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As a part of the preparation for international travel, the traveler may also want to explore applications for the Smart phone to help navigate, translate and convert currency. Many of these applications are free. For example, tourists traveling to Paris can download a map of the Metro System. Most major metropolitan areas will have free maps of the public transportation system. Travelers should learn basic phrases in the local language such as "Please," "Thank you," "You are welcome," and " Where is the restroom?" before they reach their destination. Applications like Talking Translator[TM] can not only provide text translation to and from a language into English (or any other language), but also can provide audio out-put so the user can hear how to pronounce the word or phrase correctly. By going to the Google Play Store[TM] or the Apple equivalent, the traveler can also locate a number of free currency conversion applications to help with the conversion of U.S. dollars to the local currency. While searching the stores for free applications, it is also helpful to identify an application to help the traveler calculate tips, tax, and cost per person if he or she is dining with a group of people. In some countries, providing separate checks is frowned upon and disagreements can ensue among traveling companions over splitting a check. This is a skill worth practicing well in advance of the actual trip.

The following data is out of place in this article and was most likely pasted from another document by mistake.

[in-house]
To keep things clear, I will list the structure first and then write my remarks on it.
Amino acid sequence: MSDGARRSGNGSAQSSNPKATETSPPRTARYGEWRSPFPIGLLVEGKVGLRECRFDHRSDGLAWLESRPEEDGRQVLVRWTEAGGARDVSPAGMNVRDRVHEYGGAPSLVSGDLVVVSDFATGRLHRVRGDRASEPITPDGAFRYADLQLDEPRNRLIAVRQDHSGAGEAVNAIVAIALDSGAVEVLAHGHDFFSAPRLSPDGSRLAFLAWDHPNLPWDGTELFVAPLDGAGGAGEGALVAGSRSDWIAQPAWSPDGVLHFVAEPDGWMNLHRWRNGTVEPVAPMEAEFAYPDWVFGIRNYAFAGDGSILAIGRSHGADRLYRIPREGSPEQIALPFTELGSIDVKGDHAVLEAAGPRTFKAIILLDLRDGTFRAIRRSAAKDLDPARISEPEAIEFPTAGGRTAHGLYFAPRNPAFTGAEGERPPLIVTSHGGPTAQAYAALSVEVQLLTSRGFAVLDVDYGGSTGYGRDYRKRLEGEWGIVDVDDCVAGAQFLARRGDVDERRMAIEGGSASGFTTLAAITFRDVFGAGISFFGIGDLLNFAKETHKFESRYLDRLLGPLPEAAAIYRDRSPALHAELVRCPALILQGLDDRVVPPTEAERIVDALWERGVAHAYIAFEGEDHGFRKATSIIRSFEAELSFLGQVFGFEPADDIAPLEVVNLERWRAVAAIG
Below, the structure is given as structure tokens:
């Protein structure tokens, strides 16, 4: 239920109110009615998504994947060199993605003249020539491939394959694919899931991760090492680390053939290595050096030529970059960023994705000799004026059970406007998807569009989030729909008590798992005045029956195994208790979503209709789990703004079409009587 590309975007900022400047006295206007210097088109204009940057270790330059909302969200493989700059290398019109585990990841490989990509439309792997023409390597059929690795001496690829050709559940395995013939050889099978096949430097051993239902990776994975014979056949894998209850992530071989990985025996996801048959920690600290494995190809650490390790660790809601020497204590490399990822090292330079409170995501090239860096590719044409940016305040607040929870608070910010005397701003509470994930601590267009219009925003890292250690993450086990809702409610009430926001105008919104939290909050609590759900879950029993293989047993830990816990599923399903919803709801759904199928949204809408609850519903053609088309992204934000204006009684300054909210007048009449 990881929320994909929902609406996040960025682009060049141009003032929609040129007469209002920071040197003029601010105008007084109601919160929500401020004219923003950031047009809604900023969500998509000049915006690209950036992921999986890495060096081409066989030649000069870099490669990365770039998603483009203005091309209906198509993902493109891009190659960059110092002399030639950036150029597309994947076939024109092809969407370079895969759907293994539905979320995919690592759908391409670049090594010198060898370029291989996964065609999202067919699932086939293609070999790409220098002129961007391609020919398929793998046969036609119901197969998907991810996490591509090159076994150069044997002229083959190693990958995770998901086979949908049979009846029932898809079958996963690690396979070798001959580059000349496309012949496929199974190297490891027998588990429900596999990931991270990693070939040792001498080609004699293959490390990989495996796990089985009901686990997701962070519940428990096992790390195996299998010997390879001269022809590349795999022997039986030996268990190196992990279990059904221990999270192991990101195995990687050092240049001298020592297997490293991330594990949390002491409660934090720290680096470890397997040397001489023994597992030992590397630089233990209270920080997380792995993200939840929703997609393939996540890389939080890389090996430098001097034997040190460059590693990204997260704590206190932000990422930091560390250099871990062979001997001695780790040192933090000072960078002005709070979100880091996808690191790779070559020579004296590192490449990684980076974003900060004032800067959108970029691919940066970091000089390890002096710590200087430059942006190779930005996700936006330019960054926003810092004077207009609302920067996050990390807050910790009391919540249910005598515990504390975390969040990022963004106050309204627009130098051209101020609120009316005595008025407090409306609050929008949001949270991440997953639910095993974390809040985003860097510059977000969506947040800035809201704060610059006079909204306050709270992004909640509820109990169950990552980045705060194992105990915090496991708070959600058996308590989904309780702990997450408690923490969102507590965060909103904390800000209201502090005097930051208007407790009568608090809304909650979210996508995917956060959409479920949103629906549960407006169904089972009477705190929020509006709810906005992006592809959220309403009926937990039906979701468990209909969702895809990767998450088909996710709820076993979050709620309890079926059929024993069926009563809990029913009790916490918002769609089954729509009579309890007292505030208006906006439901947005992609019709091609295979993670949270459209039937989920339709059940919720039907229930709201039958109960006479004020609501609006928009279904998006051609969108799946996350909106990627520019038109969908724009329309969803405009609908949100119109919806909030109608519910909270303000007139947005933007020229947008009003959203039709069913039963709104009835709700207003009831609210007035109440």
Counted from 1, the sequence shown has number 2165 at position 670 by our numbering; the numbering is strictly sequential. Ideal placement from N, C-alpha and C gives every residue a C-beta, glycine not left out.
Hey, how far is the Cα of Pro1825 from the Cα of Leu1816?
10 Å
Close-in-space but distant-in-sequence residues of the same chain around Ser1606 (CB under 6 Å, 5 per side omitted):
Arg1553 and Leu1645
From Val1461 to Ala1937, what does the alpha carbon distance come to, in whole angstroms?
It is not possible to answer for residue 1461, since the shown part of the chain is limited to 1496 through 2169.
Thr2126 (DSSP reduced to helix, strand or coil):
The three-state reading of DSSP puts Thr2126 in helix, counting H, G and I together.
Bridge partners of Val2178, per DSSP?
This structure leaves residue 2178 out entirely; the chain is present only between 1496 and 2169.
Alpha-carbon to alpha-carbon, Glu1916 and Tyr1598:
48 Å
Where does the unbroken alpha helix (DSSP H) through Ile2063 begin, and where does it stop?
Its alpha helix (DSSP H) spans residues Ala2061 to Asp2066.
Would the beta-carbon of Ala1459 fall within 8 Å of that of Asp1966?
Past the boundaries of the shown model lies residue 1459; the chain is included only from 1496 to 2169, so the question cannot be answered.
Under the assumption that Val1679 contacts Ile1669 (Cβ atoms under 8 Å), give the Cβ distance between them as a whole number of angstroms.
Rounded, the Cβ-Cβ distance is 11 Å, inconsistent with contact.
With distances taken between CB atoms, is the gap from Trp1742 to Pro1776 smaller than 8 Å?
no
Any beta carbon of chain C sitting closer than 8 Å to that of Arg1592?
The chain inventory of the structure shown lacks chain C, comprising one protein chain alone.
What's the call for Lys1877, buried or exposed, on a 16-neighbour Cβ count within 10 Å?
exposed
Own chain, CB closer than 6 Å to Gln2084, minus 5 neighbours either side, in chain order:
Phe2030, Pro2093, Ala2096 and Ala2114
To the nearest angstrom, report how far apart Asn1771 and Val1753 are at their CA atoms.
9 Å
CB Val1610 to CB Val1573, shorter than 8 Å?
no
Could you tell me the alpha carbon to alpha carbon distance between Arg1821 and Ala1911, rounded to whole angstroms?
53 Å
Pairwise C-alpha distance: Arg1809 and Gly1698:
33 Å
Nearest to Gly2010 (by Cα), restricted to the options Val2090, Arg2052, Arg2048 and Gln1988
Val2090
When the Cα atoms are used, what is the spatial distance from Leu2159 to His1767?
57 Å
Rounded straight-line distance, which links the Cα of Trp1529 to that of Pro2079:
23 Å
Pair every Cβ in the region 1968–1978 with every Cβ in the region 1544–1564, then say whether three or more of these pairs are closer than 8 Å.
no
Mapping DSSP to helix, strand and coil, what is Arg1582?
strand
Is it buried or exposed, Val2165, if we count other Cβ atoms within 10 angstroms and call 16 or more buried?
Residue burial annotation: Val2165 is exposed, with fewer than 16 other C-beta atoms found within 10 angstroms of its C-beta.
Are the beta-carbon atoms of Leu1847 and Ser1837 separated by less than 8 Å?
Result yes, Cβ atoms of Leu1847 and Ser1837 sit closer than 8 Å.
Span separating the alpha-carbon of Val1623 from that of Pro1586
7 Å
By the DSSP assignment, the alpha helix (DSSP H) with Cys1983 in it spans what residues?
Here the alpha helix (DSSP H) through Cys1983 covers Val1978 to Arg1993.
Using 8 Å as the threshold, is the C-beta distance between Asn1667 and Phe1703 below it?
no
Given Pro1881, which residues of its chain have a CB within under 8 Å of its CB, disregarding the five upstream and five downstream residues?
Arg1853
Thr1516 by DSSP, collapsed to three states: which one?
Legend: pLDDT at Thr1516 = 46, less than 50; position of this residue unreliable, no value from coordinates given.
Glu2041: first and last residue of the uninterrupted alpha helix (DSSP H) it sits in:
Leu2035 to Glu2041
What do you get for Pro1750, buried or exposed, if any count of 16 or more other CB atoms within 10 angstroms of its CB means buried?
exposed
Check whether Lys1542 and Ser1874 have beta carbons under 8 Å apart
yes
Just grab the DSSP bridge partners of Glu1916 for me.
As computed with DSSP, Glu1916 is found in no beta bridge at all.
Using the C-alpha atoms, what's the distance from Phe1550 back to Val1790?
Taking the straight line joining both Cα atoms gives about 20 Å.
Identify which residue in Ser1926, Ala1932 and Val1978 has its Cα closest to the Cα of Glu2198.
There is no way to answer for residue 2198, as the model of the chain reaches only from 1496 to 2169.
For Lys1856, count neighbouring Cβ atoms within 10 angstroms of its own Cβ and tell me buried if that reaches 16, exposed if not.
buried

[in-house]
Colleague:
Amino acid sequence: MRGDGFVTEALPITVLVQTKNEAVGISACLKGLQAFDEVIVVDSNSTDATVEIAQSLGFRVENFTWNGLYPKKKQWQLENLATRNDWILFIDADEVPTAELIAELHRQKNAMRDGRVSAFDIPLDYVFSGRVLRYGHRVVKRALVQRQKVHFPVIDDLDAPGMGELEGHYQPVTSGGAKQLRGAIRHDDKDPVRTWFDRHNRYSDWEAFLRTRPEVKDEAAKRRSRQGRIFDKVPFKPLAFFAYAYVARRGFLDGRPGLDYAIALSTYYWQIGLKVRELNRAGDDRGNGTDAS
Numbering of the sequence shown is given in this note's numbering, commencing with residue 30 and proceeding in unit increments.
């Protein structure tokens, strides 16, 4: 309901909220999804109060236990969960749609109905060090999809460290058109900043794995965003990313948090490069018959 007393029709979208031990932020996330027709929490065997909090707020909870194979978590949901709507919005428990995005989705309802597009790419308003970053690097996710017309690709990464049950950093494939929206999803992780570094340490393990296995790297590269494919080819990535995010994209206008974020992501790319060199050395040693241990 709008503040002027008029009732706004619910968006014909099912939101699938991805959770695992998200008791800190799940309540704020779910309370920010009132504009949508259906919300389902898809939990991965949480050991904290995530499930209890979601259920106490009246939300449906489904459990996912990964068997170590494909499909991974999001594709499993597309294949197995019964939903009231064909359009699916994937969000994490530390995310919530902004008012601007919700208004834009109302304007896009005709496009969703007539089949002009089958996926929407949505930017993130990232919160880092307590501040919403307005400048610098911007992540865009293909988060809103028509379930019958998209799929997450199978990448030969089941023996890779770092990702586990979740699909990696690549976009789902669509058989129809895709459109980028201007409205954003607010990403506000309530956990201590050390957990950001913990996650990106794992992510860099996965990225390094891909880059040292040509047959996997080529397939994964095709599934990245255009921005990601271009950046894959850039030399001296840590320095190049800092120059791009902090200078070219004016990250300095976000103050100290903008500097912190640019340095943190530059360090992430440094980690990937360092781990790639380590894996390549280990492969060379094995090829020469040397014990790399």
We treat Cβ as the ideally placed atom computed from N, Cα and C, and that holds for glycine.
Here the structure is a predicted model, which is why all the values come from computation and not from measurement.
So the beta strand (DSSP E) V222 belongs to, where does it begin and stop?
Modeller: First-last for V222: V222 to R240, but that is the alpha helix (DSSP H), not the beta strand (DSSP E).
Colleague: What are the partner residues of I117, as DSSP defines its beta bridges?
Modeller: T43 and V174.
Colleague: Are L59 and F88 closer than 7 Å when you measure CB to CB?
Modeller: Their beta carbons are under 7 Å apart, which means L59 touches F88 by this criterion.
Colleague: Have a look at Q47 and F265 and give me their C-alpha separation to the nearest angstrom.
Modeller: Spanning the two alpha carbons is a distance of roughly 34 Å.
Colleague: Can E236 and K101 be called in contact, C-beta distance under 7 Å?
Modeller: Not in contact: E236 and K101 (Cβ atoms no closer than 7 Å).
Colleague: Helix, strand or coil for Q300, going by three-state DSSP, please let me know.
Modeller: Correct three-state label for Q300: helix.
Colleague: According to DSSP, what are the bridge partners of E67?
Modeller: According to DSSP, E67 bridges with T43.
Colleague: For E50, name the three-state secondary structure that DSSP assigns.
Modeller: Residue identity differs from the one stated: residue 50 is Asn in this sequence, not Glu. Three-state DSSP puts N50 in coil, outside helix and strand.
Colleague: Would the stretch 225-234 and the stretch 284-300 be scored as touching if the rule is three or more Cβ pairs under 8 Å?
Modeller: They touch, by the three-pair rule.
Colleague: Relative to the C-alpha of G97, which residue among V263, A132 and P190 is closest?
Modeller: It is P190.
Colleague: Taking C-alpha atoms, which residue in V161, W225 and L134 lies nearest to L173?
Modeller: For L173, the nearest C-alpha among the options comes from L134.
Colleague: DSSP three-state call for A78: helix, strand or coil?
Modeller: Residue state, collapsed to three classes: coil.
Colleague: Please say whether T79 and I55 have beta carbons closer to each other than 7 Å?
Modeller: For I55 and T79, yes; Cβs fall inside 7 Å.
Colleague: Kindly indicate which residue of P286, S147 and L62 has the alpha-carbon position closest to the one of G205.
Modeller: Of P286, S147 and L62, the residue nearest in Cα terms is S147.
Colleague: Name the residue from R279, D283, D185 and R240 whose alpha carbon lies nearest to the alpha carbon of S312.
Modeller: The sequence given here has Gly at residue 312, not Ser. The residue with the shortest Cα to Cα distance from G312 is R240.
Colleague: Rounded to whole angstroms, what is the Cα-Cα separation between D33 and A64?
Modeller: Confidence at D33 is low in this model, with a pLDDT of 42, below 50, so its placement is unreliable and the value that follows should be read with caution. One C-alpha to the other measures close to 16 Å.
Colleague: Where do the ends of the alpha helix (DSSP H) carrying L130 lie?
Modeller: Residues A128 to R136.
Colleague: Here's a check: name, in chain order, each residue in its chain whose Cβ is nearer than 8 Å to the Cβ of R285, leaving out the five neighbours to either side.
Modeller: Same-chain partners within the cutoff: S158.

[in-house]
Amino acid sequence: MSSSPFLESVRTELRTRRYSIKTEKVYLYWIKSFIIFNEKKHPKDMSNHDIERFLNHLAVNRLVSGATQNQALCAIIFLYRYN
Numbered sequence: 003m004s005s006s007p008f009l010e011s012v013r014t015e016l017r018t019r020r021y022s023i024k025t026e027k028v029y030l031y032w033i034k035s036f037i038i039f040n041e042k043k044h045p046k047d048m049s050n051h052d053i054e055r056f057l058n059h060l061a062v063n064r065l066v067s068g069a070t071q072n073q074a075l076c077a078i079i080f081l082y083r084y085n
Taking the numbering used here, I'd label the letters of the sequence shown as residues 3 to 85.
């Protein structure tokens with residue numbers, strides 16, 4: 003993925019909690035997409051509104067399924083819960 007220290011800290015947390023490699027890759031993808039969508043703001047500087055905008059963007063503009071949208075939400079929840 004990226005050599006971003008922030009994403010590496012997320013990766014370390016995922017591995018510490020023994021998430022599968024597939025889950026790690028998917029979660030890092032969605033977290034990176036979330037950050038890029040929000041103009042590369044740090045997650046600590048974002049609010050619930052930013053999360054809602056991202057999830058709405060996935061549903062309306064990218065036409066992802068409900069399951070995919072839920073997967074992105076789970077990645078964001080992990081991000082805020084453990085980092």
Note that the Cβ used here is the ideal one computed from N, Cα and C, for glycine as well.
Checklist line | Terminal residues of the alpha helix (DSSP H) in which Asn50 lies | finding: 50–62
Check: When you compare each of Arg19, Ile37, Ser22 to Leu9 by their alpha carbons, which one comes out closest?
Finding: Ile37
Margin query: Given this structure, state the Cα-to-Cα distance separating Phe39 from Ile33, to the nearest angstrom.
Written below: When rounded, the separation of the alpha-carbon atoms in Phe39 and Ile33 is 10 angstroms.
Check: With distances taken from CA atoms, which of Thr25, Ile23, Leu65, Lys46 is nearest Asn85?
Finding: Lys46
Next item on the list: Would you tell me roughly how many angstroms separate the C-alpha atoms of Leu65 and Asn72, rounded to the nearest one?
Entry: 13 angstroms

Even for the most seasoned traveler, dealing with airport security can be nerve wracking. Reviewing the procedure and process can alleviate confusion and expedite the process. Selecting clothing that that is not only comfortable, but easy to remove can make the security screening less onerous. Informing the traveler that they will need remove jackets, shoes, belts and all metal items from his or her body may lead to a decision of what not to wear on the travel day. Placing these items as well as laptops, cell phones, loose change, and travel sized toiletries in a plastic bin and putting it through the x-ray device is expected and an normal part of the procedure.